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Warner: 'I'll still be Concacaf president ...'
by Paul Kennedy, May 28th, 2011 5:06PM

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[FIFA IN CRISIS] Embattled Jack Warner said he is prepared to walk away from his position as FIFA vice president if found guilty of offering bribes to members of the Caribbean Football Union (CFU) in a scheme with Mohamed bin Hammam to buy support for the Qatari in his bid to unseat FIFA President Sepp Blatter. But Warner said he's still be Concacaf president. And in any event a "football tsunami" was coming that would shock the world ...

Warner was speaking to reporters in his hometown of Port of Spain before leaving for Zurich to face a FIFA ethics committee hearing on Sunday.

"I tell you something, in the next couple days you will see a football tsunami that will hit FIFA and the world that will shock you," the Concacaf president said. "The time has come when I must stop playing dead so you'll see it, it's coming, trust me you'll see it by now and Monday.

"I have been here for 29 consecutive years and if the worst happen, the worst happen," he added.
Asked if he was prepared to walk away from FIFA at anytime soon, Warner answered, "If that is what it comes to so be it, you must never get too attached to anything, it clouds your judgment and therefore whatever happens, happens, que sera sera. I am not even remotely bothered. I had planned to leave Saturday morning in any case because I have meetings on Sunday afternoon. ... They can do what they want, it doesn't bother me".

Warner said he was not guilty of the charges filed by his longtime Concacaf colleague, Chuck Blazer.

"Me? I have lived three score and almost ten and my Jack hasn't been hanged as yet, why should it be hung now?," Warner asked. "By whom? The American Chuck Blazer? His American lawyer John Collins? Give me a break. I am not the faint-hearted you know ... Let them go ahead, I have no problem with that. But I'll tell you something, I will hold my head high to the very end because, I repeat here again, I am not guilty of a single iota of wrongdoing."

Warner said jealousy was to blame for the attacks against him.

"I am in FIFA for 29 consecutive years," he said. "I was the first black man to have ever been in FIFA at this level. I have come from the smallest country ever to be on the FIFA executive committee. There is no country smaller than Trinidad and Tobago on FIFA's executive committee. I am wielding more power in FIFA now than sometimes even the president, I must be the envy of others. In terms of football history my country does not even have one and therefore there are people out there who would ask why should I be there and what is my role, so I become the butt of all kinds of attacks and I accept this without any kind of anger because I understand people, this is the nature of human beings."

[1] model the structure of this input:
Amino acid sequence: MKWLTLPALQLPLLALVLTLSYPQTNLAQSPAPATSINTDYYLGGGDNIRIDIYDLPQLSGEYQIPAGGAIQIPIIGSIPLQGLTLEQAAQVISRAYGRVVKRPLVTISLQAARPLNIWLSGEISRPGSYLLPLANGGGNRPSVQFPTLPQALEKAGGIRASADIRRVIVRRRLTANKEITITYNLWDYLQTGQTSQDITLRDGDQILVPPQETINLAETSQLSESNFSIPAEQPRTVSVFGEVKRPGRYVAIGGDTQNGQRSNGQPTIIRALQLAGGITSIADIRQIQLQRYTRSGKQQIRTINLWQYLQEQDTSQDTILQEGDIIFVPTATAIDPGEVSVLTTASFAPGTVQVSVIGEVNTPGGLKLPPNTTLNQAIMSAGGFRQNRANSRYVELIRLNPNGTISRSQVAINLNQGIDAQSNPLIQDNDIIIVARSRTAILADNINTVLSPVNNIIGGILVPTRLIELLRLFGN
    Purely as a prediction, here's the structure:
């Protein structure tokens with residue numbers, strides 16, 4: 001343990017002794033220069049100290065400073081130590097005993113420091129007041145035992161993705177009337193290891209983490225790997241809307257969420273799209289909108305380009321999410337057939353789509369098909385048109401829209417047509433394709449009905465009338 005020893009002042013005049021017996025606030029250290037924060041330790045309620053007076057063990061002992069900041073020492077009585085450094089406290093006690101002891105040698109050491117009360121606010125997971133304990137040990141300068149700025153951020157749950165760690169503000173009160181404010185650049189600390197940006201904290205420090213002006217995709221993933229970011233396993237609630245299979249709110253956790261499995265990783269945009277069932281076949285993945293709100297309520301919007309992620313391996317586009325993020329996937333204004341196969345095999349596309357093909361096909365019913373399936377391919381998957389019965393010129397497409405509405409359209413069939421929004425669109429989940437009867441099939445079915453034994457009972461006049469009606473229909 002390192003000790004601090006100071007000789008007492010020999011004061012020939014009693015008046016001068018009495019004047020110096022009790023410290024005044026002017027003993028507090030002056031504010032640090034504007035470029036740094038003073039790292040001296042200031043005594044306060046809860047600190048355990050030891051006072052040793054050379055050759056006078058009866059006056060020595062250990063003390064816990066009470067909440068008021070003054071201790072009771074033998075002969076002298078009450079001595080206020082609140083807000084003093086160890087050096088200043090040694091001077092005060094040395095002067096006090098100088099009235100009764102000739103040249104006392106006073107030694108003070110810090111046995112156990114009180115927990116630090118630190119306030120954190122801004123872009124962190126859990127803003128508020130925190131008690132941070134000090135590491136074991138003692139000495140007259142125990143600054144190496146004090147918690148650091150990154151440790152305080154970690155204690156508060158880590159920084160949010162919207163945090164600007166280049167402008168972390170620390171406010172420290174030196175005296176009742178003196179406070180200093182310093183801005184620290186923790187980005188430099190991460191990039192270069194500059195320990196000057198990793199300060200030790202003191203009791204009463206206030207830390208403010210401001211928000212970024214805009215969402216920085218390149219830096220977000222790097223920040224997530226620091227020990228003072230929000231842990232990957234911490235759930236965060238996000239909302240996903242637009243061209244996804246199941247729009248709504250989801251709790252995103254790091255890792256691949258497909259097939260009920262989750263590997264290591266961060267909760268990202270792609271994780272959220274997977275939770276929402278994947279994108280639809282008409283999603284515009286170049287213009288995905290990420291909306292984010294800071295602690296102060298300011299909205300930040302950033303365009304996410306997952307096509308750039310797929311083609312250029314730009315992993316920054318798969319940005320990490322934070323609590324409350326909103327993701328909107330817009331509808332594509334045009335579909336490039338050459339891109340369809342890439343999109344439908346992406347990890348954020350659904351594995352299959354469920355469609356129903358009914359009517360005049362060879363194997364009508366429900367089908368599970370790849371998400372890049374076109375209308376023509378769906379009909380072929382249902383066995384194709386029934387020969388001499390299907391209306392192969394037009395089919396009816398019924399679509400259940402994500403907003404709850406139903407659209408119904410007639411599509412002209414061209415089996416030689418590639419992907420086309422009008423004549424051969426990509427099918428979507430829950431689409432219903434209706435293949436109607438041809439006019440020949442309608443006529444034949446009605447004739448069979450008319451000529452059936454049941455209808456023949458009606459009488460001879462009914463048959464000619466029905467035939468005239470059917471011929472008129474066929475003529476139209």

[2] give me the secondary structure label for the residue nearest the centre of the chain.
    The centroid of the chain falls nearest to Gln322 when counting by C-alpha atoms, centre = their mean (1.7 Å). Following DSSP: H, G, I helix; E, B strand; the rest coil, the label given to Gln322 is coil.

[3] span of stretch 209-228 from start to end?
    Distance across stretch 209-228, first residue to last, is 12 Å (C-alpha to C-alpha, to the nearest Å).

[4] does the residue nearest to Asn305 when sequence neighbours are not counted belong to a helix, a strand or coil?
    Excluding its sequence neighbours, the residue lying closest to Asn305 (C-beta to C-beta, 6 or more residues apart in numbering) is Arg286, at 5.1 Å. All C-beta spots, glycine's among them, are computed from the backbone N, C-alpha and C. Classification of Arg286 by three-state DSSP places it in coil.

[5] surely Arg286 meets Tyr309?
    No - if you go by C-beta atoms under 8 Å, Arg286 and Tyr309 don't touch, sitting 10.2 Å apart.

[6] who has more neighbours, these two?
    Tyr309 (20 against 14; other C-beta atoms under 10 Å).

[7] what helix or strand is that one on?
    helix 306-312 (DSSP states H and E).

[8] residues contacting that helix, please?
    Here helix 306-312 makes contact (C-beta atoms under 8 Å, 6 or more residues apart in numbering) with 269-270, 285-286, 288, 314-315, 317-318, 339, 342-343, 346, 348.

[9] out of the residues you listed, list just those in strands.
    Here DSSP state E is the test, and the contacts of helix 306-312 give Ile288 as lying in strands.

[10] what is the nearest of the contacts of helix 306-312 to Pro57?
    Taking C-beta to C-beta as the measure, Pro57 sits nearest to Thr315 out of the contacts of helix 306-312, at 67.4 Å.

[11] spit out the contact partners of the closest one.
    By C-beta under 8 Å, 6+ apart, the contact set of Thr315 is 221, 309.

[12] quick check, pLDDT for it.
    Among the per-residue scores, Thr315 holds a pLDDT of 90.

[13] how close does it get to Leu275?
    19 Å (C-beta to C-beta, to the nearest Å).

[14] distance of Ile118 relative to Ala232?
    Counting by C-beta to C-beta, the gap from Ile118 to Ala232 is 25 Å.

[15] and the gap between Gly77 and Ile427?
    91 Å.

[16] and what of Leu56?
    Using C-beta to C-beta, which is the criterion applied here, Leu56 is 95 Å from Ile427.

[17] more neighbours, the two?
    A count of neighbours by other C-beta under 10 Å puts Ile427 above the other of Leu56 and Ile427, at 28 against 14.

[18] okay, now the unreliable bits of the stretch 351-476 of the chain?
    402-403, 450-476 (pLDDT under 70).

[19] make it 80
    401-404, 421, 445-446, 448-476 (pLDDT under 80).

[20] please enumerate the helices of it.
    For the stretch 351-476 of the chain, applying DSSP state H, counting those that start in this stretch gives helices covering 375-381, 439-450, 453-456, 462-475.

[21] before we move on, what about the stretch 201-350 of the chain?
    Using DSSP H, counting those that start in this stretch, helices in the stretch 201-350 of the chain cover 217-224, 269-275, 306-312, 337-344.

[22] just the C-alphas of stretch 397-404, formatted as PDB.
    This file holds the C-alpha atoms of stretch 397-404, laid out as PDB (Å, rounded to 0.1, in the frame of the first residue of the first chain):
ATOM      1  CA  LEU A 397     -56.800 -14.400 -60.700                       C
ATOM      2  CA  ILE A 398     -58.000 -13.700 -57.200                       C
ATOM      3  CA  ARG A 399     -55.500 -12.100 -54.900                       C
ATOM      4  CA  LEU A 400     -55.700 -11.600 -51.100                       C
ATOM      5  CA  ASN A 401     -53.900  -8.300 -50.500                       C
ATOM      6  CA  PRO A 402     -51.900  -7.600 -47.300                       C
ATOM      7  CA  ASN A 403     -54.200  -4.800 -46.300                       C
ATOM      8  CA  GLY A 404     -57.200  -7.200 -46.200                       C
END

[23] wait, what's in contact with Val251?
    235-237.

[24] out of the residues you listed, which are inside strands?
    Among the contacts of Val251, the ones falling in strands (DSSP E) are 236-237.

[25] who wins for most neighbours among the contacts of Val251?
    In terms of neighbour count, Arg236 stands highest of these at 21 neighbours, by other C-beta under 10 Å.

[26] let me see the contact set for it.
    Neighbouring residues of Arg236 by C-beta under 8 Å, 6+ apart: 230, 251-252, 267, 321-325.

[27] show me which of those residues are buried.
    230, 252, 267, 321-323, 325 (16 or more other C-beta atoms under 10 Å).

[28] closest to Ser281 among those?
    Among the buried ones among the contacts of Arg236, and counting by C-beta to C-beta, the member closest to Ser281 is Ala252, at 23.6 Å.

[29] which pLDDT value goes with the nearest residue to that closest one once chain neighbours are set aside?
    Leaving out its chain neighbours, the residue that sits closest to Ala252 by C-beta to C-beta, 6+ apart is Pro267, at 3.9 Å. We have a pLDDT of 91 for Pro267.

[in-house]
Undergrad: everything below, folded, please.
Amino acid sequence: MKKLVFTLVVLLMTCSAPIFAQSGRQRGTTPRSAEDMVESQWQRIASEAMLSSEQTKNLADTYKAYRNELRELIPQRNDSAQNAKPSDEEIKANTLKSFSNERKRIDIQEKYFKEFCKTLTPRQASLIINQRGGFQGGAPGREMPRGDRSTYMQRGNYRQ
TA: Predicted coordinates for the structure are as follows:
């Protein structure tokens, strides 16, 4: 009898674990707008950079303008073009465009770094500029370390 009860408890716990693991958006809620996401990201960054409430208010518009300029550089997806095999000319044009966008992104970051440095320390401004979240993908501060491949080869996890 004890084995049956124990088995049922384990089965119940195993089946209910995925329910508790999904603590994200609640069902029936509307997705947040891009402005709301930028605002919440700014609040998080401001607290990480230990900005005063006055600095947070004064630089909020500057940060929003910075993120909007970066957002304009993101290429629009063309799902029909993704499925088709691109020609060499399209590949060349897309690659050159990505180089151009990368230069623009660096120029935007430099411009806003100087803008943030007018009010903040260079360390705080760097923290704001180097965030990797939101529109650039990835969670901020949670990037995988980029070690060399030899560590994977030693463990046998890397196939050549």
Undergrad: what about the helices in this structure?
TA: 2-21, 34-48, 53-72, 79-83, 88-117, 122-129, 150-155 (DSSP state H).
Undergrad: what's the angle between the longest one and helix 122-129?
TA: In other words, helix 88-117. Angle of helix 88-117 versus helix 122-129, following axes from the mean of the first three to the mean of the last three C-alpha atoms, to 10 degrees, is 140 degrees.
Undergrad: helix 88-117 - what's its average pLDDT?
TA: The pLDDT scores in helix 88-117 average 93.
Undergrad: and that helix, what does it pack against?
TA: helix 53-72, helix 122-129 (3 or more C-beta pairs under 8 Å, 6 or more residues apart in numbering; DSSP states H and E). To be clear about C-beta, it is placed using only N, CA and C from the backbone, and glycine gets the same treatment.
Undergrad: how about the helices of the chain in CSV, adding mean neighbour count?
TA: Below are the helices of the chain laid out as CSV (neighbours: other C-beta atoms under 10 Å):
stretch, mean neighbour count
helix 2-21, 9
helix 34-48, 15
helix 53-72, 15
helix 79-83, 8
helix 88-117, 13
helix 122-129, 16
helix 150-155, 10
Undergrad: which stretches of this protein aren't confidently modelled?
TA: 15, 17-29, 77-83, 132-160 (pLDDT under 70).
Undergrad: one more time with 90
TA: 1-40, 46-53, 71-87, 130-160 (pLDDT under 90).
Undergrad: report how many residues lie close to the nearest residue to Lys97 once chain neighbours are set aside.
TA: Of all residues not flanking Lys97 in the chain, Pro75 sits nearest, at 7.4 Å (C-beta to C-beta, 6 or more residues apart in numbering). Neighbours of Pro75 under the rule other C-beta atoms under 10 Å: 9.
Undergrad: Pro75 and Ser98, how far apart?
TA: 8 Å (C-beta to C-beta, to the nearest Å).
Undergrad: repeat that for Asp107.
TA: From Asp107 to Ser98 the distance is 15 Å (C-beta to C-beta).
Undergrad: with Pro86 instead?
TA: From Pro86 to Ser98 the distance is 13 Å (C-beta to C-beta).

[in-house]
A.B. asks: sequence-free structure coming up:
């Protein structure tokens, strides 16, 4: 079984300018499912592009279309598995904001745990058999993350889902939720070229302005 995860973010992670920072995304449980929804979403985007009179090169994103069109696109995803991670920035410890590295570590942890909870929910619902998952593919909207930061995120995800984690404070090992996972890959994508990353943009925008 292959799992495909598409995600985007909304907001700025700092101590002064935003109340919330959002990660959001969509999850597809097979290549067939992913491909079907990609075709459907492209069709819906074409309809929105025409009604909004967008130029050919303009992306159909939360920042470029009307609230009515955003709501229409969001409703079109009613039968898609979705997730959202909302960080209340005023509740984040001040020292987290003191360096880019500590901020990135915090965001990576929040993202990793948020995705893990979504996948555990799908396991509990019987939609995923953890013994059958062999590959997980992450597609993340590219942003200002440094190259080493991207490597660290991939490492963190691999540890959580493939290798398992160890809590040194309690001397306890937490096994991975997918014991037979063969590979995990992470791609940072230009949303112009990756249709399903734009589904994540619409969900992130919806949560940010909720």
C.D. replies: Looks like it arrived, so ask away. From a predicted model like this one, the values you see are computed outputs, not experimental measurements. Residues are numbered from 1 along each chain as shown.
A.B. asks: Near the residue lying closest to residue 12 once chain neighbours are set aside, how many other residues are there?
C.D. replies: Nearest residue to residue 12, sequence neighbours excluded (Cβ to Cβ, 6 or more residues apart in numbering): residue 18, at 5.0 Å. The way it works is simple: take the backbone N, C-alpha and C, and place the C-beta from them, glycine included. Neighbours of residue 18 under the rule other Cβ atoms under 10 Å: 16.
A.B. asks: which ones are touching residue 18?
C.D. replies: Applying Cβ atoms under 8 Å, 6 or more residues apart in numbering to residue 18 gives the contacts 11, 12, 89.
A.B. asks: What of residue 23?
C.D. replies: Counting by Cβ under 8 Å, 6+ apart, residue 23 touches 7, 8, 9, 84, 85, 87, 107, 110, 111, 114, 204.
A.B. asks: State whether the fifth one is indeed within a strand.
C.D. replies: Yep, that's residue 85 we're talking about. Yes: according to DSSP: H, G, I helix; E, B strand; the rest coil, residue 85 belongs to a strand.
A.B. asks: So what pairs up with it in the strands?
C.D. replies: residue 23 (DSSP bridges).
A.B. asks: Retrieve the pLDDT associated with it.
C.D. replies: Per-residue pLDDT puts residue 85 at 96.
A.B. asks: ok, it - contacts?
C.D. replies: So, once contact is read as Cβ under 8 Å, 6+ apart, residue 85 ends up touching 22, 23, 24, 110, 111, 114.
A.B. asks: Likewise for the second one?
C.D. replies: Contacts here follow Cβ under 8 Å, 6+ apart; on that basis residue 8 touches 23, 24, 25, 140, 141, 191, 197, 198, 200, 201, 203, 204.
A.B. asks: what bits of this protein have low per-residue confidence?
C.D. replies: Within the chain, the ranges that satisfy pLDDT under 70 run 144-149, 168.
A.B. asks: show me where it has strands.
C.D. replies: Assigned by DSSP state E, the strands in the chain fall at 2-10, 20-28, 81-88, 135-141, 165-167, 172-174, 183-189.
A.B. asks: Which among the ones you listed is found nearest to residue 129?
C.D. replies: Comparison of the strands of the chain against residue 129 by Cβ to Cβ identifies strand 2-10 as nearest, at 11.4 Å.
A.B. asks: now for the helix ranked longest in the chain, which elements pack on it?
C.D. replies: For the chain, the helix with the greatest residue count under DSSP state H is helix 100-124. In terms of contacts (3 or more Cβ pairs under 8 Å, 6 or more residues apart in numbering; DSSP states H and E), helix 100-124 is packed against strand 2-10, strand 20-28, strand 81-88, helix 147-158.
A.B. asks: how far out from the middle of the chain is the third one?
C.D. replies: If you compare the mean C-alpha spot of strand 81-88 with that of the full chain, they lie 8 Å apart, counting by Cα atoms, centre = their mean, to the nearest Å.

Warner said resentment over Qatar's victory over the USA in the bid for the 2022 World Cup was behind Blazer's charges.

"...And there has been some resentment still and the feeling is that I should not be talking to him [Bin Hammam] or his friends. I voted for the U.S. like Mr. Blazer and I, like Mr Blazer, was devastated over the fact that the US lost. But I will not allow that to impugn Mr. Bin Hammam's character or to destroy our friendship. I am not that kind of person and if Mr. Blazer and they want to do that, let them go ahead."

Warner said Americans had it in for him.

"The U.S. is accusing me of not working hard enough for them," he said. "What more you want me to do, go in the people house and sleep with them? I can't do that! I did for the U.S. all I could have done. This is an election time in FIFA, it happens every time ... especially when there is a contender. FIFA politics is far bigger than the politics you have seen here. It make our politics here look like child's play. Now at the end of the day, if even the worst happens, I'm still president of CONCACAF."



0 comments
  1. Ken Jamieson
    commented on: May 29, 2011 at 10:49 a.m.
    If you listen to Mr. Warner, you would think he is an angel and is the only person who has done anything for CONCACAF. His own words identify that his power and position have gotten to him, "I am wielding more power in FIFA now than sometimes even the president, I must be the envy of others." If the bribery charges being levelled against him are found true by the FIFA Disciplinary Committee, his position as President of CONCACAF should be immediately put under review and he should, at the very least, be asked to step down.

  1. Margaret Manning
    commented on: May 29, 2011 at 10:26 p.m.
    I'm embarrassed that the USA has enabled this awful man for so long. It's time to show a little, well, integrity.

  1. Gary Zelazny
    commented on: May 30, 2011 at 10:09 a.m.
    Another example of a perpetrator and man of color claiming to be victimized.


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